LOS ANGELES, CA (SEND2PRESS NEWSWIRE) -- A national day of remembrance will be observed on February 14 in honor of Rafik Hariri, the former Prime Minister of Lebanon, and Parliament member Gibran Tueni. President Bush and other world leaders hold Syria responsible for these killings. Remembrances will be held across the United States by many of the three million Americans of Lebanese descent, who include numerous celebrities. Sanford Holst announced the observances on behalf of the Hariri-Tueni Remembrance Committee (www.cedar-lebanon.com).
Marlo Thomas, Tony Shalhoub, Salma Hayek and John Elway (NFL) are well-known members of the Lebanese-American community. Others include Kathy Najimy, Jamie Farr, Tiffany (singer), Paul Anka, Christa McAuliffe (astronaut), Ray Irani (CEO), Casey Kasem (DJ) and Bobby Rahal (racer).
Up to 90% of Lebanese-Americans are Christian, with the remainder being Muslim or Druze. Sectarian differences in Lebanon were once a major cause for division; but Rafik Hariri was Muslim, Gibran Tueni was Christian, and there are indications that their unfortunate deaths have begun to bring people together.
While observances in Lebanon on February 14 will be concentrated in Beirut, they will be more diffuse in the United States, where the millions of Americans of Lebanese descent are scattered across the country. These remembrances are being arranged by clubs and individuals in each community who are inviting friends to local restaurants on that evening. They will honor those who have fallen, remember their heritage, and show support for an end to the killing. In keeping with a Cedar Revolution tradition, many will wear red-and-white in their clothing that day to show their participation.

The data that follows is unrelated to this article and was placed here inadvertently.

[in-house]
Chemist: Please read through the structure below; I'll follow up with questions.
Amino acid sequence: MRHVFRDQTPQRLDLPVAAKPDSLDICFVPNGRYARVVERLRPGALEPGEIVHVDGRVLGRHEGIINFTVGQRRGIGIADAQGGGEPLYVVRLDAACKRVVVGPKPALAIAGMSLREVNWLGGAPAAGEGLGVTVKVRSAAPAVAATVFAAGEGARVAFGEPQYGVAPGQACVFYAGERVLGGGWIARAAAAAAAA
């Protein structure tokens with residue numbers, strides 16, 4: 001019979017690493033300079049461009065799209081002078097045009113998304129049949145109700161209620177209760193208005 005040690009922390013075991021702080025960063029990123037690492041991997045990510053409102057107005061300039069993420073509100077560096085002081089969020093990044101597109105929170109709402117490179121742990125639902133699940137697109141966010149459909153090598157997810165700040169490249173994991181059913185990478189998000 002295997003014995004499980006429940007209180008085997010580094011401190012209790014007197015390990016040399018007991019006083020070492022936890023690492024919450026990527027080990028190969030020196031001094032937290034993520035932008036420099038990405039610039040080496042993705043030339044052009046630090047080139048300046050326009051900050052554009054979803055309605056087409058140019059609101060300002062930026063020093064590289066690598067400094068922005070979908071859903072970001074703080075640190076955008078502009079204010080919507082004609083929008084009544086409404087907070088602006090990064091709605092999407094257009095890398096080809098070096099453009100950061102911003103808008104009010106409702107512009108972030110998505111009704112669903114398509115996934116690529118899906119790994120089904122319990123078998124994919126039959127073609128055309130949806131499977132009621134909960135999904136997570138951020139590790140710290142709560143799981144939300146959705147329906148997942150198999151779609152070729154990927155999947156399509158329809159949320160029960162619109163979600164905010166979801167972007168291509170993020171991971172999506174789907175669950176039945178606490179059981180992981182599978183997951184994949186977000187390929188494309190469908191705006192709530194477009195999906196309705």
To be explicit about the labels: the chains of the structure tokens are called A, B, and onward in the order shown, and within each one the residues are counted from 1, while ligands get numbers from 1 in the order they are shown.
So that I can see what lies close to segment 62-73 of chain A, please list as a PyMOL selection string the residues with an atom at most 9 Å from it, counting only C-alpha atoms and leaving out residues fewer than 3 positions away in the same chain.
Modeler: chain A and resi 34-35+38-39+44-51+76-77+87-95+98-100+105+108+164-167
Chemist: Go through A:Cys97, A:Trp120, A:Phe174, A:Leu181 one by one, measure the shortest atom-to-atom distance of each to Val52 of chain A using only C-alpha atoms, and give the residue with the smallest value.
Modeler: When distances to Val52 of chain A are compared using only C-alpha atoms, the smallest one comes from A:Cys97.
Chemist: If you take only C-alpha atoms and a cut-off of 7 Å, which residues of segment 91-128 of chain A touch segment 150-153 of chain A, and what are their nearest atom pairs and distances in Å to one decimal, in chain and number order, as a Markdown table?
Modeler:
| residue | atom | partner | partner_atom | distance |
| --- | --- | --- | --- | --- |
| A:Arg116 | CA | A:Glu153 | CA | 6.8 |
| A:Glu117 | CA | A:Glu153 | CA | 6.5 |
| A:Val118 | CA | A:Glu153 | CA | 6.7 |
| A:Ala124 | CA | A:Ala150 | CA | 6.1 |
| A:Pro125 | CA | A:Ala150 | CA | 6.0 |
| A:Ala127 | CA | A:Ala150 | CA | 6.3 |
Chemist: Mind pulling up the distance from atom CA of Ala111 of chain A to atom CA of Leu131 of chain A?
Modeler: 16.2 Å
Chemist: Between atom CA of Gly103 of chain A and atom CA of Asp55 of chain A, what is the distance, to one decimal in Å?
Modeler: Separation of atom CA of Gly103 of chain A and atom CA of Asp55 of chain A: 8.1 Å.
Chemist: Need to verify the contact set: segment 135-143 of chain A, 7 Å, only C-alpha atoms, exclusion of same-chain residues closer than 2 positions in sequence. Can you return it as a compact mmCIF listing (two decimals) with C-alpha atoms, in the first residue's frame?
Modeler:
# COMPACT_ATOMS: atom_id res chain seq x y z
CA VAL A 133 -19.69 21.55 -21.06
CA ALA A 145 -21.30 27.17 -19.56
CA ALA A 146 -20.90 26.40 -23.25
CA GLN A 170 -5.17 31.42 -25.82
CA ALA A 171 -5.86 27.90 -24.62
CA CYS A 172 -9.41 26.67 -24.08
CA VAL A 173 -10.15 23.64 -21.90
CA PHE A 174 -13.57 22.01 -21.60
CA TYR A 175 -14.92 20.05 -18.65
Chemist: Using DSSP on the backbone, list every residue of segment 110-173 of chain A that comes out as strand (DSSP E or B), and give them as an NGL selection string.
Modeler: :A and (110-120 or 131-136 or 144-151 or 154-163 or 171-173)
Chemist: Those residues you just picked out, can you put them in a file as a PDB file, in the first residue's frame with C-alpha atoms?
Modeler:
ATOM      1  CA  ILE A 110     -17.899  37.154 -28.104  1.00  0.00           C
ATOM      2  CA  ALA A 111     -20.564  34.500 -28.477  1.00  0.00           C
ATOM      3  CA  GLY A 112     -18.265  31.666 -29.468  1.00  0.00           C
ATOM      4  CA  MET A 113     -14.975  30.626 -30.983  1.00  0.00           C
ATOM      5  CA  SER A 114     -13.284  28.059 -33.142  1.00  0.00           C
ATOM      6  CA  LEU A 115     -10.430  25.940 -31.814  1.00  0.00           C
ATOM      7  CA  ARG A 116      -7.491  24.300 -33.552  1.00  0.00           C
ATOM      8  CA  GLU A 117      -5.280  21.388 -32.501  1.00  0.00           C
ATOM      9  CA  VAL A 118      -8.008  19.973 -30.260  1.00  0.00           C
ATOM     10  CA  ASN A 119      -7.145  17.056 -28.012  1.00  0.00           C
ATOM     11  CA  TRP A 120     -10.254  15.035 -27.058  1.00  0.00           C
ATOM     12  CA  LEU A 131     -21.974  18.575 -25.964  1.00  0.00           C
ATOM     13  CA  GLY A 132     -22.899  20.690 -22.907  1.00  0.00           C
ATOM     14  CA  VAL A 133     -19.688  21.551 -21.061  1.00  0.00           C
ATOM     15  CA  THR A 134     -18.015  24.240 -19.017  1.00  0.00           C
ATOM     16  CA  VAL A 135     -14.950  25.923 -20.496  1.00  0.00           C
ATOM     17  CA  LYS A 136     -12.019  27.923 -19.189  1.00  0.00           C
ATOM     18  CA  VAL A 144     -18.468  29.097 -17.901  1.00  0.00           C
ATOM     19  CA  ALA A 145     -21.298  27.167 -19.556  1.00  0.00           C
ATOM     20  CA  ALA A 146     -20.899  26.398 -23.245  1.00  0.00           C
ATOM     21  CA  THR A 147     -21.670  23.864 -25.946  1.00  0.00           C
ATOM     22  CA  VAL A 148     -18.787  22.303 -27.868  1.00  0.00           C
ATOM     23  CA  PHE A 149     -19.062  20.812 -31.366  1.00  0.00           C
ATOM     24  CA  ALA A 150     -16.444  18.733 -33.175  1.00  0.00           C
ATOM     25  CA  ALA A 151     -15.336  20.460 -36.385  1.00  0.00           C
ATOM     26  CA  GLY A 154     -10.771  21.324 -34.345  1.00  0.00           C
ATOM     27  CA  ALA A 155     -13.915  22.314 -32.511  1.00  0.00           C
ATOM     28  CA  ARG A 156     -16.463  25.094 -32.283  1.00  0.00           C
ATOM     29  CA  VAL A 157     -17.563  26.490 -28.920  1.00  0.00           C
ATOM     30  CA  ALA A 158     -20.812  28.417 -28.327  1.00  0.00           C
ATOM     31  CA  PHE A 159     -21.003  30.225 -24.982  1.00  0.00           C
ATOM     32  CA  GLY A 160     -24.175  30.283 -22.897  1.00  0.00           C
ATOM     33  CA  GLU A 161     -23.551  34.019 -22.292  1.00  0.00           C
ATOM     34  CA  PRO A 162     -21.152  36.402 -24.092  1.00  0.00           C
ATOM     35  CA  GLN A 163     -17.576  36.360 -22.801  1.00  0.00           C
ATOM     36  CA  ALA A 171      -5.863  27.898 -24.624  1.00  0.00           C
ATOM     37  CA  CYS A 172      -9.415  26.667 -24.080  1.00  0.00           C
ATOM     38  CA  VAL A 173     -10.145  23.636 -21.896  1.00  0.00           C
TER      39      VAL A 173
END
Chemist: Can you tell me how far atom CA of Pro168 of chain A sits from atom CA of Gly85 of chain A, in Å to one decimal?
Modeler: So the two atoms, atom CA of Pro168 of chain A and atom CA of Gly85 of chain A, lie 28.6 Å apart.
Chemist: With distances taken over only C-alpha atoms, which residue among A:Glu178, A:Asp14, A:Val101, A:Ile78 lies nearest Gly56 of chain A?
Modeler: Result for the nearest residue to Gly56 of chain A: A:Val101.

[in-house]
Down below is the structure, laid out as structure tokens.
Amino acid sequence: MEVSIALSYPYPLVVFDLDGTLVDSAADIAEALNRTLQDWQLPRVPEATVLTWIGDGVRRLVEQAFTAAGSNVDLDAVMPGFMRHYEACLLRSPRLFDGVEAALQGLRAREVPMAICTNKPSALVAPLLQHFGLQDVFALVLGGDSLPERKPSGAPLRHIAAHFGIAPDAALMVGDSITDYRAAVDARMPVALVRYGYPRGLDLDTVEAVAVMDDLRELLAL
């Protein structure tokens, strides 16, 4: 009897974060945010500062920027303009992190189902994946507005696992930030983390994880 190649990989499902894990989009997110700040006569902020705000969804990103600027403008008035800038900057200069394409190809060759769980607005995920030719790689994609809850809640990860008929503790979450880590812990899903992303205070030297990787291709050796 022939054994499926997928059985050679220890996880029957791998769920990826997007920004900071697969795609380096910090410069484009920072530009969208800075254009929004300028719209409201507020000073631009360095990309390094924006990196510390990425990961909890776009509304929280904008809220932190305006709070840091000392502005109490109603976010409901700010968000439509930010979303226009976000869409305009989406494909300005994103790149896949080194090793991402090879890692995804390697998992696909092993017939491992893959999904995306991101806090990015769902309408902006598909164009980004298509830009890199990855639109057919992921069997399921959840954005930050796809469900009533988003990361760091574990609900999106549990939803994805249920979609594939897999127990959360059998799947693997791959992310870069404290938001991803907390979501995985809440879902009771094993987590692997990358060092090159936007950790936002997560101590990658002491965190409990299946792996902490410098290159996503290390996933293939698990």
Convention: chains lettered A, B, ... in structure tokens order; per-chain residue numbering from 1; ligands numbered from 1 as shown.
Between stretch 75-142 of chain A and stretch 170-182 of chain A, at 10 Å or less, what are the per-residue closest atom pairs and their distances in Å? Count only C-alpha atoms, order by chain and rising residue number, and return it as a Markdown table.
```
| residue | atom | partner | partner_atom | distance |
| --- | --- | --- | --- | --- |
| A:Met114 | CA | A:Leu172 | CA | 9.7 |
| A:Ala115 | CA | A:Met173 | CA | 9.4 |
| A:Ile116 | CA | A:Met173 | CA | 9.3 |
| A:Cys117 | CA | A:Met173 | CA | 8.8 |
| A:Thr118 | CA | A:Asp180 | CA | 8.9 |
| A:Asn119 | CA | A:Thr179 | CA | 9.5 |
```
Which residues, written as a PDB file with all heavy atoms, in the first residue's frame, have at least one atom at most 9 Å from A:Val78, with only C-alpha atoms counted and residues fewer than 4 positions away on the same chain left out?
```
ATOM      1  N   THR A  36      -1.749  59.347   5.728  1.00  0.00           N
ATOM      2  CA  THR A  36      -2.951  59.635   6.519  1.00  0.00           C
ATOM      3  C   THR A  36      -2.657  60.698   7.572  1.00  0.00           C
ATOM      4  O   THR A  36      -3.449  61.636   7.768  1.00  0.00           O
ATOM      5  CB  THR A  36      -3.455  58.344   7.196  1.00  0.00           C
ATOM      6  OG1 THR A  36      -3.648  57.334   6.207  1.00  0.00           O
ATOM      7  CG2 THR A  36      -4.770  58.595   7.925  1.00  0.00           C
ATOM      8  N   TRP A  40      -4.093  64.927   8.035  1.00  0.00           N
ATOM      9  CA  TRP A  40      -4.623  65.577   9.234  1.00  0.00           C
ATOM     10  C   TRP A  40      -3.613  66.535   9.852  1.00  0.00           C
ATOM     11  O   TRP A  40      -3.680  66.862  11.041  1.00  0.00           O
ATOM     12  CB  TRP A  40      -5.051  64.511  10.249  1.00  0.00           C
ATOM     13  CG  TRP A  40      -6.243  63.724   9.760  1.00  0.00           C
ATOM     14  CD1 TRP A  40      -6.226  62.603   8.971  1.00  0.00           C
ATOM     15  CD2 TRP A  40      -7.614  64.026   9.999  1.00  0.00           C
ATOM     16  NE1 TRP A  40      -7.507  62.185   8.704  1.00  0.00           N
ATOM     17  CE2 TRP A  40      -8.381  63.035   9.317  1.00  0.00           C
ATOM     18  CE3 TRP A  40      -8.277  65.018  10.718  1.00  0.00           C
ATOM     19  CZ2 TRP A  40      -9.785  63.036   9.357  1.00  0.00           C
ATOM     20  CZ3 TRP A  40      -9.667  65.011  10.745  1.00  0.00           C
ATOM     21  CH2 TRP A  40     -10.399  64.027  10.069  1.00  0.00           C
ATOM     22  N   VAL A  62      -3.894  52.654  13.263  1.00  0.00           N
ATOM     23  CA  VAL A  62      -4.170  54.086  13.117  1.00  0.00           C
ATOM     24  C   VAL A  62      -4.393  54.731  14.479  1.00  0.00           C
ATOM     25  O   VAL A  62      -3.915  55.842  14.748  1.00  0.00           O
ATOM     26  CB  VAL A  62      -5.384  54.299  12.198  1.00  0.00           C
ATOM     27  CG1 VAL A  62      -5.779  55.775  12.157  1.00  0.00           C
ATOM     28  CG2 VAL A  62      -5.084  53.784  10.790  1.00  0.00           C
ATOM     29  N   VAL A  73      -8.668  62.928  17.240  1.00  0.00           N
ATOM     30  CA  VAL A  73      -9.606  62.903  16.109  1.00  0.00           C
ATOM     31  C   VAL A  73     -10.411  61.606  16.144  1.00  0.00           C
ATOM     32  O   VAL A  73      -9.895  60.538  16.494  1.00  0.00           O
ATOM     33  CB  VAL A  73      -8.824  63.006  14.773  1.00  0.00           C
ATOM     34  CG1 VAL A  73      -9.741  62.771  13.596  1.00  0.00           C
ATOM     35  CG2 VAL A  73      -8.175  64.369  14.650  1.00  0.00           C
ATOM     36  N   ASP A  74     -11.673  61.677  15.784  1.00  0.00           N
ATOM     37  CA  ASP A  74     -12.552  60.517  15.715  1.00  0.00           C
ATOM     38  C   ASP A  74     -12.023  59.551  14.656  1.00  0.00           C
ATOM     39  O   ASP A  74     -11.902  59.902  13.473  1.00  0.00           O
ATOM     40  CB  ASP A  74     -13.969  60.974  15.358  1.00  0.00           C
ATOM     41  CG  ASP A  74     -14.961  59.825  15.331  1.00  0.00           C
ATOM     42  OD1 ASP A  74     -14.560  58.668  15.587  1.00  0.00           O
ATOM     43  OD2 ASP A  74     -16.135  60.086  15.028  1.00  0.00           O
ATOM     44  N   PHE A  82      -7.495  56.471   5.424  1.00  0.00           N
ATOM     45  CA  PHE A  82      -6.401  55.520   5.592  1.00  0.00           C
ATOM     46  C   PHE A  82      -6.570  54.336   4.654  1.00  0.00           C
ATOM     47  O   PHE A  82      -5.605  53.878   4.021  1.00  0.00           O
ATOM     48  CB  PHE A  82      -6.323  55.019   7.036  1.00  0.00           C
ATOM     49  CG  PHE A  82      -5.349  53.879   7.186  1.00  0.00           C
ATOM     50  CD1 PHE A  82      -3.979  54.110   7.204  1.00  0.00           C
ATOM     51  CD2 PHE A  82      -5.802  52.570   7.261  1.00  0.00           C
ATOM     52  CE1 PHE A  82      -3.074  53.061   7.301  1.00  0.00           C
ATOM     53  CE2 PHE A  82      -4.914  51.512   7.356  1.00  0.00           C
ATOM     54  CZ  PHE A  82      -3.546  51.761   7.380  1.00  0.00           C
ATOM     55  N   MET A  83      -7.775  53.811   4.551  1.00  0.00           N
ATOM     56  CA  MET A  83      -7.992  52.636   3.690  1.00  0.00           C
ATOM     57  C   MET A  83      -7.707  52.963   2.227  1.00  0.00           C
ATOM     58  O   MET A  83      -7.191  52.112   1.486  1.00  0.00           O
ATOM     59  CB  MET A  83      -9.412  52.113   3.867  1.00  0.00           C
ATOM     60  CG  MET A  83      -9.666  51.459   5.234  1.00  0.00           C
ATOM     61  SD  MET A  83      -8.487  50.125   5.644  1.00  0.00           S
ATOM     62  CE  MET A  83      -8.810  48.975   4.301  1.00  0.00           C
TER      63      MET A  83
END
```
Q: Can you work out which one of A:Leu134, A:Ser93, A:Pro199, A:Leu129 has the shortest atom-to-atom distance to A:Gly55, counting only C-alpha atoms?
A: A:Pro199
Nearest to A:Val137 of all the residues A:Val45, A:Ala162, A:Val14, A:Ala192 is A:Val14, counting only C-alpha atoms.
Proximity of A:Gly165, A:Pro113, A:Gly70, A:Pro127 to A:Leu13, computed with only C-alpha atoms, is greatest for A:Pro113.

Early Lebanese society used religious tolerance and other peaceful means to remain free for more than a thousand years, according to Remembrance chairman Sanford Holst's recent book "Phoenicians: Lebanon's Epic Heritage." Many people of Lebanese descent are hoping to restore that heritage.
The bomb which killed former Prime Minister Hariri in downtown Beirut changed the course of Lebanon's recent history. It triggered the Cedar Revolution and a climactic day of remembrance on March 14, when an estimated one million people marched in the streets of Beirut in an unprecedented show of national unity and purpose. In response, Syria was pressed by President Bush, French President Jacques Chirac and leaders of many other nations to withdraw Syrian troops from Lebanon. Despite an ongoing United Nations investigation, however, no one has been convicted for Hariri's death, and the killings have continued. The most prominent recent slaying was of Gibran Tueni, who was a member of Parliament and publisher of the influential Lebanese newspaper An-Nahar.
Current information on the Remembrance is available at www.cedar-lebanon.com.
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